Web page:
I have no problem with that formulation and it's what I've been trying to do much of the time. On the 23rd April I wrote "For the next couple of weeks all that matters politically is how we respond to the real world situation in which we find ourselves. There is no purpose in me further belabouring the severity of the crisis which is now upon us or the dire nature of its potential consequences."

I also stated what I believed (and still do) was the best available response to the challenge of that (pre-electoral) moment in history "(Choosing) the DA and the prospect of a steady grind towards returning to the constitutional and inclusive state which many had hoped the end of Apartheid and our new democratic dispensation would usher in." That is, essentially, the very same rational pragmatic centre Zille is referring to.

I have no idea whether my arguments and supporting evidence convinced anyone but certainly not enough to make a material difference to the outcome which saw the DA weakened and the ANC still casting its shadow over our collective future.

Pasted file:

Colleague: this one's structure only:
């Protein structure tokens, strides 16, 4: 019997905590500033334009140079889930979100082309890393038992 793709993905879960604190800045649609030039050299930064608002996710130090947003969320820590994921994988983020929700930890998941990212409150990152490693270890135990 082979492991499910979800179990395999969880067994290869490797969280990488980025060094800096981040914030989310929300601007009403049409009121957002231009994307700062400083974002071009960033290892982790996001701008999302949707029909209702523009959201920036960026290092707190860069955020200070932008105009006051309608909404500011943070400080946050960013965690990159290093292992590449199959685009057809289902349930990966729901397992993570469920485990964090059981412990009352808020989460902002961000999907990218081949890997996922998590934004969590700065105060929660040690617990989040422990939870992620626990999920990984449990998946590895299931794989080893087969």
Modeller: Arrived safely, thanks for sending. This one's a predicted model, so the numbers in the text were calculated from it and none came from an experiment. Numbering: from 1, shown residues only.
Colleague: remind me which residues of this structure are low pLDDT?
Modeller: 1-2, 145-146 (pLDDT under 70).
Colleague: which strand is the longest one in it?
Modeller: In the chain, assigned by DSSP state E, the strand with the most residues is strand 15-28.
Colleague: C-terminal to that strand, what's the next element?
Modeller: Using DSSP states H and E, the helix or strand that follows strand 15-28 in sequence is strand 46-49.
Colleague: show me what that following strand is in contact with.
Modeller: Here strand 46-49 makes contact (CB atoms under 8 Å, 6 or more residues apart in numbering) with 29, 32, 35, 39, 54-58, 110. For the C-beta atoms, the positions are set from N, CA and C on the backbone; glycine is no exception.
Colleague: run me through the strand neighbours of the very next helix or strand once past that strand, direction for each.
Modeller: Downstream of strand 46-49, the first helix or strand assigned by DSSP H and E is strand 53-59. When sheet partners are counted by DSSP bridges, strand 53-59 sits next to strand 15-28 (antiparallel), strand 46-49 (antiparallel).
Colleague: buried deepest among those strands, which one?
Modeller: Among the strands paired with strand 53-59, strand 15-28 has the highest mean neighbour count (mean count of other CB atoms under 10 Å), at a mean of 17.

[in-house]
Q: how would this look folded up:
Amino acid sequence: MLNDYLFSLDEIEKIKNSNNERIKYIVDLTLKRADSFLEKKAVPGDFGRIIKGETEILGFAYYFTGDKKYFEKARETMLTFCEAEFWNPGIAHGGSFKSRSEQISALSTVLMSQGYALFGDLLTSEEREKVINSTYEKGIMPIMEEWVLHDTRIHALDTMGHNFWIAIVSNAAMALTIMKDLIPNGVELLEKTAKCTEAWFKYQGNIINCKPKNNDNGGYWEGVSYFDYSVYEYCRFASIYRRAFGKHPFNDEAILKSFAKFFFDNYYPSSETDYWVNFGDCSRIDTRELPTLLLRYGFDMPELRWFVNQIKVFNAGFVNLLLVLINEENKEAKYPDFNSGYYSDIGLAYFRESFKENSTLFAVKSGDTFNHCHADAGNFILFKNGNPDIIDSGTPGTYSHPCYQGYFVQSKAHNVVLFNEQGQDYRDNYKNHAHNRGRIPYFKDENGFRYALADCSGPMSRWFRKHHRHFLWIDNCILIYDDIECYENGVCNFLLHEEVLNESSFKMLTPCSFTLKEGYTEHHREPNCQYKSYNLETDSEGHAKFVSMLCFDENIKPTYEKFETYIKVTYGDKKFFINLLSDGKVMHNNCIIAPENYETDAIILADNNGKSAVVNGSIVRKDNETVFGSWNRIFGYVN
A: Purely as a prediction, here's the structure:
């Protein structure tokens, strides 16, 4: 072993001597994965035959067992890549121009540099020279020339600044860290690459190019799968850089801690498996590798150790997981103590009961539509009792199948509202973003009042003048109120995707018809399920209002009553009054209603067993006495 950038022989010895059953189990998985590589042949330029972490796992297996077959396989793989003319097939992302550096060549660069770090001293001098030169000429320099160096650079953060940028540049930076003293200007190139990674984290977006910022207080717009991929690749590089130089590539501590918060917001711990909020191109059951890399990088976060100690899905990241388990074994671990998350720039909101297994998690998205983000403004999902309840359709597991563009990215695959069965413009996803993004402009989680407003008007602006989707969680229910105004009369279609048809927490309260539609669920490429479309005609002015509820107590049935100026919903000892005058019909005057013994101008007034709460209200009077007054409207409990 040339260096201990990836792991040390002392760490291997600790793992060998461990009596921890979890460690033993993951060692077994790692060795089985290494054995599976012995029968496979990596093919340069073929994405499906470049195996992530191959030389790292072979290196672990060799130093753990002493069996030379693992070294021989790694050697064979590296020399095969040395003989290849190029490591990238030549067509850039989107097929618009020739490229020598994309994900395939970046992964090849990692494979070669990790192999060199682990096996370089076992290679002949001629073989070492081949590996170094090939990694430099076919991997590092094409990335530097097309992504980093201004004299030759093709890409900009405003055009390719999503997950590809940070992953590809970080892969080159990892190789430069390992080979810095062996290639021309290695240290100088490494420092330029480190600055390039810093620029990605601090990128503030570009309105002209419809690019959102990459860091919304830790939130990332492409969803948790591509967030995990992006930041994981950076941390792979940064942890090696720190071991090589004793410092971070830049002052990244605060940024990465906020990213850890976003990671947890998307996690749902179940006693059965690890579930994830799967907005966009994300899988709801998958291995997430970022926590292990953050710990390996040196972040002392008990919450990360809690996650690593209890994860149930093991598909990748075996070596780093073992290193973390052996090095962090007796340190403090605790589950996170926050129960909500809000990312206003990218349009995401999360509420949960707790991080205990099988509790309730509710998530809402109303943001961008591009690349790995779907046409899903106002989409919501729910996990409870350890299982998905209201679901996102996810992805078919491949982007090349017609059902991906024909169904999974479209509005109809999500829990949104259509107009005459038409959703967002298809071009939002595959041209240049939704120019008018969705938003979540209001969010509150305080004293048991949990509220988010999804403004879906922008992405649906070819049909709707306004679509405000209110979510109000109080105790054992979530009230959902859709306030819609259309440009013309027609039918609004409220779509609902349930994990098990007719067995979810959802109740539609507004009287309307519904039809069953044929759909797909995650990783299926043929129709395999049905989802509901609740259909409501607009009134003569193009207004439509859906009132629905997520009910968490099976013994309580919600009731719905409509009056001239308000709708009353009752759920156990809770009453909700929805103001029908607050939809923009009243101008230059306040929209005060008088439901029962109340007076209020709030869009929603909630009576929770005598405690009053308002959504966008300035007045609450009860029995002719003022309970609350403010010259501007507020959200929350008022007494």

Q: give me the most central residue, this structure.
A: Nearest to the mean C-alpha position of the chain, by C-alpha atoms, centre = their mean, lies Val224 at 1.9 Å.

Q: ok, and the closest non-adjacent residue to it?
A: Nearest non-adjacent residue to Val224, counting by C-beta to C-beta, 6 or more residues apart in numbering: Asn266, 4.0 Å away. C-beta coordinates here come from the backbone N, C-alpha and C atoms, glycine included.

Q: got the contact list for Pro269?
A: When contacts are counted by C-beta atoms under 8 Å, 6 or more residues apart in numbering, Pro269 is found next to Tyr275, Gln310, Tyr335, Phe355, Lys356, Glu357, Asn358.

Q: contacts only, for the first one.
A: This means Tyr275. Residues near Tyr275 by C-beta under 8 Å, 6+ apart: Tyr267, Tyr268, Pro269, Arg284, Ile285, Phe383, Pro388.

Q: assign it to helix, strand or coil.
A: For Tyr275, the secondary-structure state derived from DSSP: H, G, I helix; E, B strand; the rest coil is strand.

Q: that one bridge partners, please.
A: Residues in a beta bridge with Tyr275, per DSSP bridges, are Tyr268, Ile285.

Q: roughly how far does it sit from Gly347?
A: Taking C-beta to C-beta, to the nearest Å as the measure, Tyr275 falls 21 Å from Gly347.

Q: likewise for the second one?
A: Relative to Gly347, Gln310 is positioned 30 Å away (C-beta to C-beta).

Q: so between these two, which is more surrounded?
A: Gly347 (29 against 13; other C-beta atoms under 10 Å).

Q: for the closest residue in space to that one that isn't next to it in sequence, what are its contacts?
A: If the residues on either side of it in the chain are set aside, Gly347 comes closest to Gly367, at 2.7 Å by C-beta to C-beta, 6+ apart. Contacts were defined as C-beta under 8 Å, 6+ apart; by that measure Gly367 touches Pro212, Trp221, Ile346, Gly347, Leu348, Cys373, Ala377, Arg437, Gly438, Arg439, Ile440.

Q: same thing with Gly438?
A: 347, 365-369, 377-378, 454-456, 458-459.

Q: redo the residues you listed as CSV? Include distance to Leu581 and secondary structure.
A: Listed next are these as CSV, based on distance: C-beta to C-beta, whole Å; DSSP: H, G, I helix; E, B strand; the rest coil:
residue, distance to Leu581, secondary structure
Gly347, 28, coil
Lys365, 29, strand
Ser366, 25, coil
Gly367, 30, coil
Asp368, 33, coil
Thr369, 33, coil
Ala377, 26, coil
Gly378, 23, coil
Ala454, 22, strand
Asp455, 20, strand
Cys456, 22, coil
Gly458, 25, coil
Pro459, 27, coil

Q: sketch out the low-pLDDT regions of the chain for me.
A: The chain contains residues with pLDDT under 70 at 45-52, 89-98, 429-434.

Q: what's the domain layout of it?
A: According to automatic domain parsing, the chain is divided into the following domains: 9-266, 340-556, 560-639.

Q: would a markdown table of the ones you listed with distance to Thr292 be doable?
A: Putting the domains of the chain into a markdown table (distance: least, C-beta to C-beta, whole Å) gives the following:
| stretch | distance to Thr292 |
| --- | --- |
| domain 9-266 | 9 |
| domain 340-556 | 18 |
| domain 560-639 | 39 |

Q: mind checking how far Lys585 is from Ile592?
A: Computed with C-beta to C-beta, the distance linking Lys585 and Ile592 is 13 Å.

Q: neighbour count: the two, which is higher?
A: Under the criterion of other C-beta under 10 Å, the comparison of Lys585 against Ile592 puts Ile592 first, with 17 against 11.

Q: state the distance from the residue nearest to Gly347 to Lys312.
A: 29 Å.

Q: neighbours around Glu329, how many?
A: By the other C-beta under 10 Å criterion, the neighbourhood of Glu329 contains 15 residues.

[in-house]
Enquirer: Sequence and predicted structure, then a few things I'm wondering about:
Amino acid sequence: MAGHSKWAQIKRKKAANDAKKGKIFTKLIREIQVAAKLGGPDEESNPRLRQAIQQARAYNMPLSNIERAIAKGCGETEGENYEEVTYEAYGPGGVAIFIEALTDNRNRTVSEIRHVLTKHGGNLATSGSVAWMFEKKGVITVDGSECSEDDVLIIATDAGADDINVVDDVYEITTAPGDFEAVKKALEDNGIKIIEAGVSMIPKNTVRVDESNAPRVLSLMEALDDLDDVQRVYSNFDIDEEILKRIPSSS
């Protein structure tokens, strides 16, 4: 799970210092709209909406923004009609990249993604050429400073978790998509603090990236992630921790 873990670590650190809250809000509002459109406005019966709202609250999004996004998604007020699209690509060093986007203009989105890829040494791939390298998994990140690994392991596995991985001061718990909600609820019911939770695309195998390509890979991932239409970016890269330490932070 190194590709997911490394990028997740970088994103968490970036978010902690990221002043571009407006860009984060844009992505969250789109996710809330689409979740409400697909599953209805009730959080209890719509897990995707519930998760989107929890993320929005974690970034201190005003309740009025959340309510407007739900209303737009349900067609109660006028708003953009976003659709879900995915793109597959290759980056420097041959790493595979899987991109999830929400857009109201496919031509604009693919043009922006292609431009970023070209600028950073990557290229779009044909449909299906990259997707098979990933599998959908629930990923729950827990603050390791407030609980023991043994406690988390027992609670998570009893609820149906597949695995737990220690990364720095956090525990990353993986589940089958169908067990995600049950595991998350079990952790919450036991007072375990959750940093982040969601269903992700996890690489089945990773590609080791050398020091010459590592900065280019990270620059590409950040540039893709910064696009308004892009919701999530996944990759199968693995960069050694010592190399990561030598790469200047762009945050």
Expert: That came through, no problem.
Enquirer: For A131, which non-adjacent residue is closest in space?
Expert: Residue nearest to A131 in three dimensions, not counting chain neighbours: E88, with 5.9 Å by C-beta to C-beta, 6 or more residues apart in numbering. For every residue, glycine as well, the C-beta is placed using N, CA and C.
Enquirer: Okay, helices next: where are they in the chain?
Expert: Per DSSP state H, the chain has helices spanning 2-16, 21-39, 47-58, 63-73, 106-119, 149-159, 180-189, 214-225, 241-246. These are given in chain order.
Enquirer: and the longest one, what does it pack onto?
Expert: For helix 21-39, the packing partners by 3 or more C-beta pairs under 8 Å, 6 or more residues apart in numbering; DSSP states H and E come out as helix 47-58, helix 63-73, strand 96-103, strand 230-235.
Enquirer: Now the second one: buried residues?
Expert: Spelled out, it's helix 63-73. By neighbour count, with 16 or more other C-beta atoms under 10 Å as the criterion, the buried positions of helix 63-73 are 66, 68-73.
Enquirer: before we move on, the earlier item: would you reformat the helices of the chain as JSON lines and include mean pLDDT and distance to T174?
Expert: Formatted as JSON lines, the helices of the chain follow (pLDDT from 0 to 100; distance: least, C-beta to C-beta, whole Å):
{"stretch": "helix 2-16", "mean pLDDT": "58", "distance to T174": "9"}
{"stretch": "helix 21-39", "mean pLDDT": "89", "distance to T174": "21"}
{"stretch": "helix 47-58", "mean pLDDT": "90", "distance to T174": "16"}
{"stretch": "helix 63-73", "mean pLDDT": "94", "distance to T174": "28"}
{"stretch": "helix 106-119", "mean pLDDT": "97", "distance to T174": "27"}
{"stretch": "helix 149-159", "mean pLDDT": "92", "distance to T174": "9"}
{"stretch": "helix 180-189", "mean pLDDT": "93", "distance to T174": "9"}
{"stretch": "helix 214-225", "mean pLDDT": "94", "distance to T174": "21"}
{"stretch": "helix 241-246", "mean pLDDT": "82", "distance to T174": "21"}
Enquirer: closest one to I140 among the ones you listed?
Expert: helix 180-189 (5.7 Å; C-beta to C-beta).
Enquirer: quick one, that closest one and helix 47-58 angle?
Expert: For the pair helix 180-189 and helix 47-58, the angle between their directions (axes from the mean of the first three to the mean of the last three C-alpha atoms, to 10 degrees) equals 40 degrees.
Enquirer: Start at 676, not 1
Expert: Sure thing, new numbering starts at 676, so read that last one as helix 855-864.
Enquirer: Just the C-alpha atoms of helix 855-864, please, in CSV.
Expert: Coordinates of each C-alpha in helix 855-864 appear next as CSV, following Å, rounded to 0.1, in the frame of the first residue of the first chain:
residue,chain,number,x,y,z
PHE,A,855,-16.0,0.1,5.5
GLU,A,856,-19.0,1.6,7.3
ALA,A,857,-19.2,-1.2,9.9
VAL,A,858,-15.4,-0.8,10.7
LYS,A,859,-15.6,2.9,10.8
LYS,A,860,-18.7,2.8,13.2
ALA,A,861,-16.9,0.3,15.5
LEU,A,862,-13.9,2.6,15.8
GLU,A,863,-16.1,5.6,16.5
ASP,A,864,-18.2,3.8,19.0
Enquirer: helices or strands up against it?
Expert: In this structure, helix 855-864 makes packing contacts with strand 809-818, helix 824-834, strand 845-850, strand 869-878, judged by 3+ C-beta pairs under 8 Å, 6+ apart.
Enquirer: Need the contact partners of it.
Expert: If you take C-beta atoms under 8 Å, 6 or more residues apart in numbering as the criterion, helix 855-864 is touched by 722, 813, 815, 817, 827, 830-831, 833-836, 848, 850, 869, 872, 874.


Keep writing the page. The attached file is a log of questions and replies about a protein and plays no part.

In fact many argued that it was precisely the failure of the DA to unambiguously champion the cause of a liberal meritocratic democracy which led to its rejection. In my view that choice reflected the pursuit of unattainable platonic perfection at the price of a messy success; my working definition of 'fundamentalism' or perhaps even ideological fanaticism.

I'm all for the defence of liberal democracy, and its corollary "free speech". But I'm also suspicious of quixotic crusades. Liberal democracy can, theoretically assume a variety of forms. Right now liberal democracy's limits are being cruelly exposed within its chief citadels in North America and Europe. Besides the impact of external challenges it has proved remarkably vulnerable to internal tensions generated by the constant flux of ideas interacting with technology.

One could continue to explore this theme and the allied one that the historical and human soil of Africa is unsuitable for such exotic growths as "liberal democracy" - which has flourished relatively briefly, in gentler and more nurturing climes.